Counting cards at American Express

The global economic downturn prompts the big credit card issuer to try to rid itself of risky customers as default rates rise.

EMAIL  |   PRINT  |   SHARE  |   RSS
 
google my aol my msn my yahoo! netvibes
Paste this link into your favorite RSS desktop reader
See all CNNMoney.com RSS FEEDS (close)
Colin Barr, senior writer

warren_buffett_interview.03.jpg
AmEx shareholder Warren Buffett concedes the credit card company has some troubled borrowers on its rolls.
What would happen if the government let some big banks fail?
  • It would devastate the global economy
  • It would send a strong message to the banking industry
  • It wouldn't make a difference
amex.gif
chart.mkw.gif
AmEx shares have tumbled as card losses pile up.

NEW YORK (Fortune) -- In a strange turn of events, American Express is trying to run off some of the customers it went out of its way to attract earlier this decade.

The credit card company was a major beneficiary of the economic boom earlier this decade. AmEx (AXP, Fortune 500) card use grew at a remarkable 15% annually on average between 2002 and 2007, as American Express spent heavily to attract new users and customers of all stripes purchased more. Peers such as Discover (DFS) struggled to grow half as fast.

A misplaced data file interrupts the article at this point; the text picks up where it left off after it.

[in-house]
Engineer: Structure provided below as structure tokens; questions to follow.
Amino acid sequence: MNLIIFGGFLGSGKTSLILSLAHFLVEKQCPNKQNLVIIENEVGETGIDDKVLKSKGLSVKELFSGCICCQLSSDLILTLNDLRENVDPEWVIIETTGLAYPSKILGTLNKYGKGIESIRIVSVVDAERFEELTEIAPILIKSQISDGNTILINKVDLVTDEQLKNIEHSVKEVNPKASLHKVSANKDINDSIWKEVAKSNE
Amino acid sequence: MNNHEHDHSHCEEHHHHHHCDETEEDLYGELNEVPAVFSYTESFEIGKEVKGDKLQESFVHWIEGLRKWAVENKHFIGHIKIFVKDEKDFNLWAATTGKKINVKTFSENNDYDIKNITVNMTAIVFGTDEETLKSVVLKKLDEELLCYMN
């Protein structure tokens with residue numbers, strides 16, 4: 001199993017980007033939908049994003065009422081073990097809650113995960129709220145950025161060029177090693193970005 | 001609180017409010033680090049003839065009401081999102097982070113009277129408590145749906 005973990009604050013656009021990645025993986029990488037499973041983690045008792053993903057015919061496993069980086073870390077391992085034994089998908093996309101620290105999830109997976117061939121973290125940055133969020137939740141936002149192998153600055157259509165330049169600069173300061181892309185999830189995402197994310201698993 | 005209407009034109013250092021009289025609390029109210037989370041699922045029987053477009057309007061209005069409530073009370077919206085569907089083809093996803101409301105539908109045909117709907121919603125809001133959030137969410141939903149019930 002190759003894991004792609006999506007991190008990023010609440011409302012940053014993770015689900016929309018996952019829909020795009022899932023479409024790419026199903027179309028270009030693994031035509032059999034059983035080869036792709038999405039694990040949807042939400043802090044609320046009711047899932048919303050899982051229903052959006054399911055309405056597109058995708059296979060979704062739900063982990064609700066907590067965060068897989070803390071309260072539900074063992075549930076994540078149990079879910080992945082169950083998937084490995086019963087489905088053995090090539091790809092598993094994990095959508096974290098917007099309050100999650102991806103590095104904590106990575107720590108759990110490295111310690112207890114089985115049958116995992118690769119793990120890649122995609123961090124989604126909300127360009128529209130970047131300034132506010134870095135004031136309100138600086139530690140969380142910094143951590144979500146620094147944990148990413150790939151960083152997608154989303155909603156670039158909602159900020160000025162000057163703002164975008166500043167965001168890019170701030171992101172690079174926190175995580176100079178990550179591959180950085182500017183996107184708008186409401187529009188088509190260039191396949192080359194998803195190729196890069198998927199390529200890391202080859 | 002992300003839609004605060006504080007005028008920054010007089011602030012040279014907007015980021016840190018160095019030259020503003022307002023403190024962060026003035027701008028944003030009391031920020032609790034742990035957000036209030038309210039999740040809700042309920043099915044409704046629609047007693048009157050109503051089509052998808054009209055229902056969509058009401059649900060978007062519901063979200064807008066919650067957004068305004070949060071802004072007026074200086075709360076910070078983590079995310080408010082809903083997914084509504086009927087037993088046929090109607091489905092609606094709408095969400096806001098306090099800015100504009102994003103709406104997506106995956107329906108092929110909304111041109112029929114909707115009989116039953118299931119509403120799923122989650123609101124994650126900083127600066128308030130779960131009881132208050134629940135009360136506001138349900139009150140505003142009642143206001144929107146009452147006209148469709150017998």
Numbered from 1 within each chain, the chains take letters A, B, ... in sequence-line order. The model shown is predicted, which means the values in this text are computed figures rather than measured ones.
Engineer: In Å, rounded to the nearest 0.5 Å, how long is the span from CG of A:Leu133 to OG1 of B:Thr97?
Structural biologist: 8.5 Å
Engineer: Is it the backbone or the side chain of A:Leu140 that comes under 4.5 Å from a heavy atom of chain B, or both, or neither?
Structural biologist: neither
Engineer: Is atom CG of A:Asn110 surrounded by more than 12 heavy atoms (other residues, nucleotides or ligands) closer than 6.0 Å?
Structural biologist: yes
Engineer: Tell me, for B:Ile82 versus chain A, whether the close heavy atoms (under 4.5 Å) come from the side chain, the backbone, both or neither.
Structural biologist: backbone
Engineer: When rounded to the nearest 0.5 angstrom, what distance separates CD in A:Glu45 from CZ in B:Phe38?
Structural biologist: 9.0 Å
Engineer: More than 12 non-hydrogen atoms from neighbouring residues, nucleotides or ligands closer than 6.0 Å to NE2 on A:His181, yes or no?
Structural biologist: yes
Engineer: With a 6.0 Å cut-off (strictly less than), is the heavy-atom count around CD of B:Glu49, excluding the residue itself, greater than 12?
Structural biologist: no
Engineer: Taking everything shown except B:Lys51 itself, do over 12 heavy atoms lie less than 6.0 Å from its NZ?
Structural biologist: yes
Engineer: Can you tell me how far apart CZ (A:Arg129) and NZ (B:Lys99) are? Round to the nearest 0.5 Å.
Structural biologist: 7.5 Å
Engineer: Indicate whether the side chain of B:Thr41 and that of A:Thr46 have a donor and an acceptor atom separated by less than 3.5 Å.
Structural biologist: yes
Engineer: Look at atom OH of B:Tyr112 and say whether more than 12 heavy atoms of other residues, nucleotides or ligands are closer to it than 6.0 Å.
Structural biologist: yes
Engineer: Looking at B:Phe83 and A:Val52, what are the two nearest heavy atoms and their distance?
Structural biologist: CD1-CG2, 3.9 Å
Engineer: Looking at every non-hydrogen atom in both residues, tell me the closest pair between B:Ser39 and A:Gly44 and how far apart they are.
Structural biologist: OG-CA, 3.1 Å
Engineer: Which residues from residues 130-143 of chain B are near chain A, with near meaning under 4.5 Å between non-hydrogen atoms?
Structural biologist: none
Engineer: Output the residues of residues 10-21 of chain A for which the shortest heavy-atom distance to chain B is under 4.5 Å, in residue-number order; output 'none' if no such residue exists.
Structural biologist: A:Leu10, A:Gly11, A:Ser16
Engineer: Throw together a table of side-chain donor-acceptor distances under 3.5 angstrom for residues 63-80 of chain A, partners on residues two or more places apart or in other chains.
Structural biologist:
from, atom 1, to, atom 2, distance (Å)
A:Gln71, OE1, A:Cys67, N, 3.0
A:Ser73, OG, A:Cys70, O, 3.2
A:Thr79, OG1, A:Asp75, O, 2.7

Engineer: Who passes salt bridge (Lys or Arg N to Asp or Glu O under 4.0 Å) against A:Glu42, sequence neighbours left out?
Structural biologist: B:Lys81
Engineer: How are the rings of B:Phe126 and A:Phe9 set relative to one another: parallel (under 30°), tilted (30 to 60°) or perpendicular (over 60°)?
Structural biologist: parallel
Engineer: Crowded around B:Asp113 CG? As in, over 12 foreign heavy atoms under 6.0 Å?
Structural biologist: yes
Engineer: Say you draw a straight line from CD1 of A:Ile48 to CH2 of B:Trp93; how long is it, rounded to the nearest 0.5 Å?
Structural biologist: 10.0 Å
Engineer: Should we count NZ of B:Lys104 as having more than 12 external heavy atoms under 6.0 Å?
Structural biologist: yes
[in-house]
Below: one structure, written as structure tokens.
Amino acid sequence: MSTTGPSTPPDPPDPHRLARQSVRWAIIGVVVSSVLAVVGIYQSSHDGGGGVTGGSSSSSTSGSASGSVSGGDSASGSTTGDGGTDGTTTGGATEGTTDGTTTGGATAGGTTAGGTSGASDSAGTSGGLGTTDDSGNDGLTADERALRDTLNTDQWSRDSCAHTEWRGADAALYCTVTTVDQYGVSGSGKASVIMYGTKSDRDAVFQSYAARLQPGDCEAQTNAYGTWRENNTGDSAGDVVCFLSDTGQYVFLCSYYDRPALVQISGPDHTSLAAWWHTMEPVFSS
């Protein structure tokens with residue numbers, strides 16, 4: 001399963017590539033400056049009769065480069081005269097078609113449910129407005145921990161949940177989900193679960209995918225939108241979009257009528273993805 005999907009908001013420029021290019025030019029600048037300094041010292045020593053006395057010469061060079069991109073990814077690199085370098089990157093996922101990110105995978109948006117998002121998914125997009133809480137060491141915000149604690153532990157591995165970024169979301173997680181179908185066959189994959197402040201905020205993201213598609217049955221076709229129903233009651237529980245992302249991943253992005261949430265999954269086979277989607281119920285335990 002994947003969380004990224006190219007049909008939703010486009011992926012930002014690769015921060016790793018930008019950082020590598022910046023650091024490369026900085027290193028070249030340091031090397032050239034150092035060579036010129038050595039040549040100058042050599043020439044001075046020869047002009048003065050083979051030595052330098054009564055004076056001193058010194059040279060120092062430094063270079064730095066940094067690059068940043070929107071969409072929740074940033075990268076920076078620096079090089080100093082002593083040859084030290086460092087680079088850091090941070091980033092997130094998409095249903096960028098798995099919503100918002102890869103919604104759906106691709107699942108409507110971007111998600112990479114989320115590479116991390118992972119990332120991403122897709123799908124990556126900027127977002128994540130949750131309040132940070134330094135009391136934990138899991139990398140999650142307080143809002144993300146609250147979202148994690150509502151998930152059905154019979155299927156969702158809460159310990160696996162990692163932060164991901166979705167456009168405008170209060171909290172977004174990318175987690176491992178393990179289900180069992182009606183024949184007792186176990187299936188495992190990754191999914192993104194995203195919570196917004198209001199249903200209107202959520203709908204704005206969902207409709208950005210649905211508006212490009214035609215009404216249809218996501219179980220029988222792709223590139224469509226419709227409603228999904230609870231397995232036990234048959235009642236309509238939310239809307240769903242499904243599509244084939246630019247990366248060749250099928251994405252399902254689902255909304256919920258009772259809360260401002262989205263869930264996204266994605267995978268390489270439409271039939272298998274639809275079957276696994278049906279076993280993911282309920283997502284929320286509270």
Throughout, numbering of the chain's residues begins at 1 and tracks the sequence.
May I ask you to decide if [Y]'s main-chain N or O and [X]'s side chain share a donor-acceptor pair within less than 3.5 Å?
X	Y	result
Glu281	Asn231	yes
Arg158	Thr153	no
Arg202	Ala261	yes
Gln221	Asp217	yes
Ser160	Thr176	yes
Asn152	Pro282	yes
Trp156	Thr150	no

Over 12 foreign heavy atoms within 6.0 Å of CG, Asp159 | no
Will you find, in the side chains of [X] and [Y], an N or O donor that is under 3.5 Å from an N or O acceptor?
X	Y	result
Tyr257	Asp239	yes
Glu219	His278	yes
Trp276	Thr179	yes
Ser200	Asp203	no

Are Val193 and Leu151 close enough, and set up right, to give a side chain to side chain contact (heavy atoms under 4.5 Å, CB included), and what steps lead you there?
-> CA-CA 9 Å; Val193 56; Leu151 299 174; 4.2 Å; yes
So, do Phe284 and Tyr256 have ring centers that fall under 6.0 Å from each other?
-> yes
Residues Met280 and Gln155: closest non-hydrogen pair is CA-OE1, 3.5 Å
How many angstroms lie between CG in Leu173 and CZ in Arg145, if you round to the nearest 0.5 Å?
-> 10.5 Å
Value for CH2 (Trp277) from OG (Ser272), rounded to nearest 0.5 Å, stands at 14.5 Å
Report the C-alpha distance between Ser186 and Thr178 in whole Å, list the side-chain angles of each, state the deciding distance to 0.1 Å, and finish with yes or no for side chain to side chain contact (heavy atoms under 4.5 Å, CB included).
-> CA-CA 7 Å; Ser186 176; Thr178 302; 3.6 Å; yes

But with the global economic bust well into its second year and more borrowers slipping behind on their payments, AmEx's rapid growth is being viewed in a less flattering light. Shares recently hit a 14-year low, prompting billionaire investor Warren Buffett -- whose Berkshire Hathaway (BRKA, Fortune 500) owns 13% of the New York-based company -- to pronounce the stock "a hell of a buy at $10."

"American Express is going to be around forever," Buffett said in an interview with CNBC Monday. "They've got the cream of cardholders. Unfortunately, they have some cardholders that aren't the cream, too."